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by Bill Berkowitz

Rove's October Surprise: Phony Porn, Real Money

(IPS) -- In the final days before the November elections, Bush administration surrogates have taken to asking whoever they are conversing with about the Iraq war, "Do you want us to win in Iraq?"

As the U.S. death toll in Iraq for the month of October passed 100 -- making it the deadliest month in nearly two years -- and with polls still showing that the Democratic Party is poized to take control of the House of Representatives and possibly the Senate, Republican Party message-meisters appear to have devised what they hope will be the money sound-bite for electoral victory.

Whether it is the brainchild of Frank Luntz, the pollster and longtime Republican messaging guru, or an idea that emanated from the offices of Bush advisor Karl Rove or Ken Mehlman, the chairman of the Republican National Committee, the "do you want us to win" question is clearly aimed at challenging the patriotism of critics of the war in Iraq.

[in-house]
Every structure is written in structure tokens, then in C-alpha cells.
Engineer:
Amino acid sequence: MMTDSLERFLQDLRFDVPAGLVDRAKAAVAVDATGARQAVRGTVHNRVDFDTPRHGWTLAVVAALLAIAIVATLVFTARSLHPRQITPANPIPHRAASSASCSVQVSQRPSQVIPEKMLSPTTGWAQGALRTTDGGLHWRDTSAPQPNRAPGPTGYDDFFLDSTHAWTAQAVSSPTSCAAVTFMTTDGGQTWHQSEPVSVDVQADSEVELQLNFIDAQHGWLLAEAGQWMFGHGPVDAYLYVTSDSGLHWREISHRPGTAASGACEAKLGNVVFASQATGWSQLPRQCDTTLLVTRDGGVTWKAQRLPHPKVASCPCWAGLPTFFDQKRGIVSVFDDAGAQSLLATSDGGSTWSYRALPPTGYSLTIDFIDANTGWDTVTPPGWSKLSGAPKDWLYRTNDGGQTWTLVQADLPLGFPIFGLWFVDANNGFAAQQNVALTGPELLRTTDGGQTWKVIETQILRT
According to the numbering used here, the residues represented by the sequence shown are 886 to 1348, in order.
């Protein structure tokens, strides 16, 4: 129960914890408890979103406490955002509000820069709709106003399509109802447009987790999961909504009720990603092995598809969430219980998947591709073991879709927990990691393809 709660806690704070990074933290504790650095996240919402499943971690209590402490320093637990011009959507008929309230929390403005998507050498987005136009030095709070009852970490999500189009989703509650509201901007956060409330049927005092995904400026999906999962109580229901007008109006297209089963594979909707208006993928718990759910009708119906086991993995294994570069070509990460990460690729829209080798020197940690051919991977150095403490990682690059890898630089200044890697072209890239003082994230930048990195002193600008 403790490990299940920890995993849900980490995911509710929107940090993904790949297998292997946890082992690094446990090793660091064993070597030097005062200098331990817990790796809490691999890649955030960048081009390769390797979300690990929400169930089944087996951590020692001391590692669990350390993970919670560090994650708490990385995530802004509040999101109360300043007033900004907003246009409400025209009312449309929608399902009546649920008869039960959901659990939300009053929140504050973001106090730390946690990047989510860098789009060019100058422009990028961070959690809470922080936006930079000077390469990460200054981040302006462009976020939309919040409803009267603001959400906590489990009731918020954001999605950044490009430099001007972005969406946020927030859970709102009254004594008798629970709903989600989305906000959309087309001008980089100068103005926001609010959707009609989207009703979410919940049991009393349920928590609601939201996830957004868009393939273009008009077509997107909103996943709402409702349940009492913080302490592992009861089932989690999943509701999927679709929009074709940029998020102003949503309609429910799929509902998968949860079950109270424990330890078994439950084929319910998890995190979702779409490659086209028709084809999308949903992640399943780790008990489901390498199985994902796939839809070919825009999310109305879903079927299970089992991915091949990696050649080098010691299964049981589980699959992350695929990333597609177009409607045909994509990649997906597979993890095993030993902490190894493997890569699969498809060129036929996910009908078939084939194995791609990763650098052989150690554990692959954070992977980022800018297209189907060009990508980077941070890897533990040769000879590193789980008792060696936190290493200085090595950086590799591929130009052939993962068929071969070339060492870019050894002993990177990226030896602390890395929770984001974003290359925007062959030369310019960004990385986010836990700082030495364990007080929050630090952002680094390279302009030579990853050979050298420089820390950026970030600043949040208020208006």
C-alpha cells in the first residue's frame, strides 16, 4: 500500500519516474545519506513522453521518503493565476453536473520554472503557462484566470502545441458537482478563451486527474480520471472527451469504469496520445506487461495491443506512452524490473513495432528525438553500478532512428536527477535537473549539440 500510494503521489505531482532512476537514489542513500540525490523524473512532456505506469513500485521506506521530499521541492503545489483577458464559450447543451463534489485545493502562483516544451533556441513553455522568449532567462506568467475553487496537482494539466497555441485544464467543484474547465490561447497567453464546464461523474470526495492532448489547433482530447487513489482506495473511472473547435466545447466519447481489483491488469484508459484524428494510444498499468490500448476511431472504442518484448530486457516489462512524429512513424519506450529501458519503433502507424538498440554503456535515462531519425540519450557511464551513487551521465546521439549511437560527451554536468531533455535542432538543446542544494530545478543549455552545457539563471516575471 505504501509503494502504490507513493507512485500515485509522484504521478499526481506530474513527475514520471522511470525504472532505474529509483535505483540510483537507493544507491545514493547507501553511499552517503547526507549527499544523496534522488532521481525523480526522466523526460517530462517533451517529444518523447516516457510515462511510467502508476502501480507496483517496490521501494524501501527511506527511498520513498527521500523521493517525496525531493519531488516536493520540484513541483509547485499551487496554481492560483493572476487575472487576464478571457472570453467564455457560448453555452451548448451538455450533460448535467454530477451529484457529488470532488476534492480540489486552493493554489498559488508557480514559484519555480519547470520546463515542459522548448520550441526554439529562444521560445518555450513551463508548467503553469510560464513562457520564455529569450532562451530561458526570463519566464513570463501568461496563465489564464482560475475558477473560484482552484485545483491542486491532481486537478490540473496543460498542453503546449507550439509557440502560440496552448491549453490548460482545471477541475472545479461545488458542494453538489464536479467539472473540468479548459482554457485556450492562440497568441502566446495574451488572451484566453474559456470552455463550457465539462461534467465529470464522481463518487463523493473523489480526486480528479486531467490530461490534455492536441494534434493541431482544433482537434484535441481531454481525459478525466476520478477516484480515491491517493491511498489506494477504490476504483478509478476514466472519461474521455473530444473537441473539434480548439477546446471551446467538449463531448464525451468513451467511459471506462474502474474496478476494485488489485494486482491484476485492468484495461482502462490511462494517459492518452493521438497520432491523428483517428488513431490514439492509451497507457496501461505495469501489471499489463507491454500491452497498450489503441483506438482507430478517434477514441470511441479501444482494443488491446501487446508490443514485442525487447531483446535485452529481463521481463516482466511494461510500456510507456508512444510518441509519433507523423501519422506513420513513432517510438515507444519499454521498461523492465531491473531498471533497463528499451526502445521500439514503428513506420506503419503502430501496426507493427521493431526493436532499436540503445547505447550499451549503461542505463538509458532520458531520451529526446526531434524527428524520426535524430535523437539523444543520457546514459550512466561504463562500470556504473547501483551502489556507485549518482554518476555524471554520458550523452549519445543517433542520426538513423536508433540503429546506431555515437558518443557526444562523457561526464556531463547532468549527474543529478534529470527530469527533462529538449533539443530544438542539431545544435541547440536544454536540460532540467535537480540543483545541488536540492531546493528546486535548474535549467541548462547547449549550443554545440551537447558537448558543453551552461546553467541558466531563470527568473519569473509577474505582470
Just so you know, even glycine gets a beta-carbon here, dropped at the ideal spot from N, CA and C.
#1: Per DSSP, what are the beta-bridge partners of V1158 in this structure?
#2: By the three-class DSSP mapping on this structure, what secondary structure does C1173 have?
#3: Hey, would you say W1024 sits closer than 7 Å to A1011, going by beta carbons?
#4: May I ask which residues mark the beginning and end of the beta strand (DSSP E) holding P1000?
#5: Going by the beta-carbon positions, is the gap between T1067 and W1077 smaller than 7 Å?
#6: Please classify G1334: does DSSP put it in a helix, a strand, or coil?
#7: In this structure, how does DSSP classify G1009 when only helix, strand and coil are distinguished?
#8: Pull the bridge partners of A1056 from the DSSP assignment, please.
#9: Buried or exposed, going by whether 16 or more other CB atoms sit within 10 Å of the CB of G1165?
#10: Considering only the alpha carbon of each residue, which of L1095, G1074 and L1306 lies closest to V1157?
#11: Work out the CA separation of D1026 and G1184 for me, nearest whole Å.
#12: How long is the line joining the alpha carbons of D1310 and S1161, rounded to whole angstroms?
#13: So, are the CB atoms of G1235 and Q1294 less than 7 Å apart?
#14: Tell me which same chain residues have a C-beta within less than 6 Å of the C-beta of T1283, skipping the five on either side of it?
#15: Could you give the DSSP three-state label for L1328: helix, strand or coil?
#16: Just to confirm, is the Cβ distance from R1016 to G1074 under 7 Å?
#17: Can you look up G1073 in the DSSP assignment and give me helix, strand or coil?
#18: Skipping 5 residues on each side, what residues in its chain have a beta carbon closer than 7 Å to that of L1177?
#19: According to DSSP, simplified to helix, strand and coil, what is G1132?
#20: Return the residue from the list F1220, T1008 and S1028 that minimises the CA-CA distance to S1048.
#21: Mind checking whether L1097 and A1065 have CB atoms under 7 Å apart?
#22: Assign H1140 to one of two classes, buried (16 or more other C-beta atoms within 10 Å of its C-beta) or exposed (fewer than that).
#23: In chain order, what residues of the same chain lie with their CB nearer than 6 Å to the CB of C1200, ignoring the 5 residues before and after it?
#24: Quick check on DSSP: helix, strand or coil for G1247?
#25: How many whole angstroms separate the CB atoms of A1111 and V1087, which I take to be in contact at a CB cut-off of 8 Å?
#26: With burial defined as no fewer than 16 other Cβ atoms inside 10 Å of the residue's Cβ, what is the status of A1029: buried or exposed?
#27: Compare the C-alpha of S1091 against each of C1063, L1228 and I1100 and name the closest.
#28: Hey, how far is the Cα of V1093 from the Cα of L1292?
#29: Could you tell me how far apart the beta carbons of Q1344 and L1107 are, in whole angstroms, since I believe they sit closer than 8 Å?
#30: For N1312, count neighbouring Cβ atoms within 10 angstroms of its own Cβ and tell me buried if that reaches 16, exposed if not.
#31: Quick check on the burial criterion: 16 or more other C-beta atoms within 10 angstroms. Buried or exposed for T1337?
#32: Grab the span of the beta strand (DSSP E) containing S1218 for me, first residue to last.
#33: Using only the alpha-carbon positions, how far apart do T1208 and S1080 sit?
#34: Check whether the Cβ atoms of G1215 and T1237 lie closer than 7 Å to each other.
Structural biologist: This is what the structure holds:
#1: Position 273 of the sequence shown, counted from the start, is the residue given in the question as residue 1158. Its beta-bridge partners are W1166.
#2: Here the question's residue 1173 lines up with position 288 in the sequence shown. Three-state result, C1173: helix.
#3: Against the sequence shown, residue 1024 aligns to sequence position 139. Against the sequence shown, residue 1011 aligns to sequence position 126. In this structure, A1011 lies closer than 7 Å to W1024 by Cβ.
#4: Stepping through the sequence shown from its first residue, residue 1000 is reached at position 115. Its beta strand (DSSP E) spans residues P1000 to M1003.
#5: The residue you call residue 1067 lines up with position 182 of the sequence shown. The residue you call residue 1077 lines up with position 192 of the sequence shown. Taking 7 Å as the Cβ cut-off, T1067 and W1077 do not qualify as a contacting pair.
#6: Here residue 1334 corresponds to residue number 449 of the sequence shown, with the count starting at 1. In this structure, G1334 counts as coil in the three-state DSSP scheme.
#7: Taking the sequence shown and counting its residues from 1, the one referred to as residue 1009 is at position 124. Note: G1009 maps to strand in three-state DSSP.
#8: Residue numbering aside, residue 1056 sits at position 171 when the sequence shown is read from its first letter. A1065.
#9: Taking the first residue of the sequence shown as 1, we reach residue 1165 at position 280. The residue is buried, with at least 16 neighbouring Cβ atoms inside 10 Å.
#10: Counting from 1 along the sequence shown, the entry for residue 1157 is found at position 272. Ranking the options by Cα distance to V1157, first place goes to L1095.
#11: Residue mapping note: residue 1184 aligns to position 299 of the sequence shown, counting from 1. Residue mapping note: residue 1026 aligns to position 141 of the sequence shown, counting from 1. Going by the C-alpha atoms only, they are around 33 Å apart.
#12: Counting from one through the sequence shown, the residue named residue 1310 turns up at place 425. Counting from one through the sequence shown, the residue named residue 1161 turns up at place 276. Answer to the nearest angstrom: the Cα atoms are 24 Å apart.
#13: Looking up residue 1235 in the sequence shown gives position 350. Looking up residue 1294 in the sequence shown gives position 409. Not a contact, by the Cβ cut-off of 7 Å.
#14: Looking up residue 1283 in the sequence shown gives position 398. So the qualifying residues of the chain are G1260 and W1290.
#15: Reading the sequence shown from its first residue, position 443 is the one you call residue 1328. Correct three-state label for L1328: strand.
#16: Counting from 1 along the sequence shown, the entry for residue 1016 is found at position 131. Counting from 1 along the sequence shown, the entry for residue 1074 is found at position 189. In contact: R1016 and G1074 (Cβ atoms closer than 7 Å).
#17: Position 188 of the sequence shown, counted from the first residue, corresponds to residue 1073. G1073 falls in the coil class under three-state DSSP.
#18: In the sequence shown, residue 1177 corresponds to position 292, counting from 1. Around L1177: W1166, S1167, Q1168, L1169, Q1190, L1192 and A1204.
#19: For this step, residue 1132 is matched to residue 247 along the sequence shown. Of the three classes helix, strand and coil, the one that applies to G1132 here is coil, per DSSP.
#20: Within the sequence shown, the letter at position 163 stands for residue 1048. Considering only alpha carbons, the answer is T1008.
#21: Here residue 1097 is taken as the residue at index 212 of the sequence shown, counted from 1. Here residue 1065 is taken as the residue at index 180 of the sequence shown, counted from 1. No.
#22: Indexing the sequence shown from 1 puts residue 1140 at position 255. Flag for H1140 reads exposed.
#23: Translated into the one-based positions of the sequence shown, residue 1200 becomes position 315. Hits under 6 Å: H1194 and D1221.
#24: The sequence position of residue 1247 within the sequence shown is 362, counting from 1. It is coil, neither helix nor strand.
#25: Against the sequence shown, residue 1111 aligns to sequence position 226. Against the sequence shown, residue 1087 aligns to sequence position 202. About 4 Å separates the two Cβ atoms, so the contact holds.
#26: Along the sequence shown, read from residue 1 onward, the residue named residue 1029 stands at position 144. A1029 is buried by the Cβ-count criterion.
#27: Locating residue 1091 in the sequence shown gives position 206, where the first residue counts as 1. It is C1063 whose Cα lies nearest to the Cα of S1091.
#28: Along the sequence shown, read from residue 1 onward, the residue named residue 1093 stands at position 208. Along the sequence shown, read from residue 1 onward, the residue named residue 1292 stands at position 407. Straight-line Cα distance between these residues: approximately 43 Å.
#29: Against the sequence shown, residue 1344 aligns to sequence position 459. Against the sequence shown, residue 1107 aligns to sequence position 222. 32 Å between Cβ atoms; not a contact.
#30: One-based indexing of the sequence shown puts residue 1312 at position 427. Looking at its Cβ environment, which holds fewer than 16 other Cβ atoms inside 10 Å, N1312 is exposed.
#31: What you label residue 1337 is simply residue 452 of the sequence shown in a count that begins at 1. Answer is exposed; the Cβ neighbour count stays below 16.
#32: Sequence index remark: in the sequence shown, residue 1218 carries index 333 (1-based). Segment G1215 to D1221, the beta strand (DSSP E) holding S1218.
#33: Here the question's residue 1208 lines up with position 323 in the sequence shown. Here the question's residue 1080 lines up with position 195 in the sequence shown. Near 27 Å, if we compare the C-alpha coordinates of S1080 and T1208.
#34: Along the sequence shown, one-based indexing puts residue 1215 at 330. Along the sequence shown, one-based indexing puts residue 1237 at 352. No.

"It's a good frame for the GOP [Republican Party] to roll out in these last few days before the election," Scott Silver, the executive director of Wild Wilderness, an Oregon-based environmental group, told IPS. "The Bush administration has established a frame that is shorthand for saying you can either stay the course in Iraq and win -- or lose."

"Since the 'stay the course' sound-bite was recently abandoned by the White House and is no longer the accepted frame, it makes sense that a replacement had to be found. And besides, the old frame no longer worked because staying the course has now been conclusively proved to be a failed concept and the frame itself is no longer effective," said Silver.

Within the same 24-hour period, both Lynne Cheney, the wife of vice president Dick Cheney, and Bill O'Reilly, the host of the highly rated -- for cable television -- Fox News Channel program "The O'Reilly Factor," used the question in separate interviews.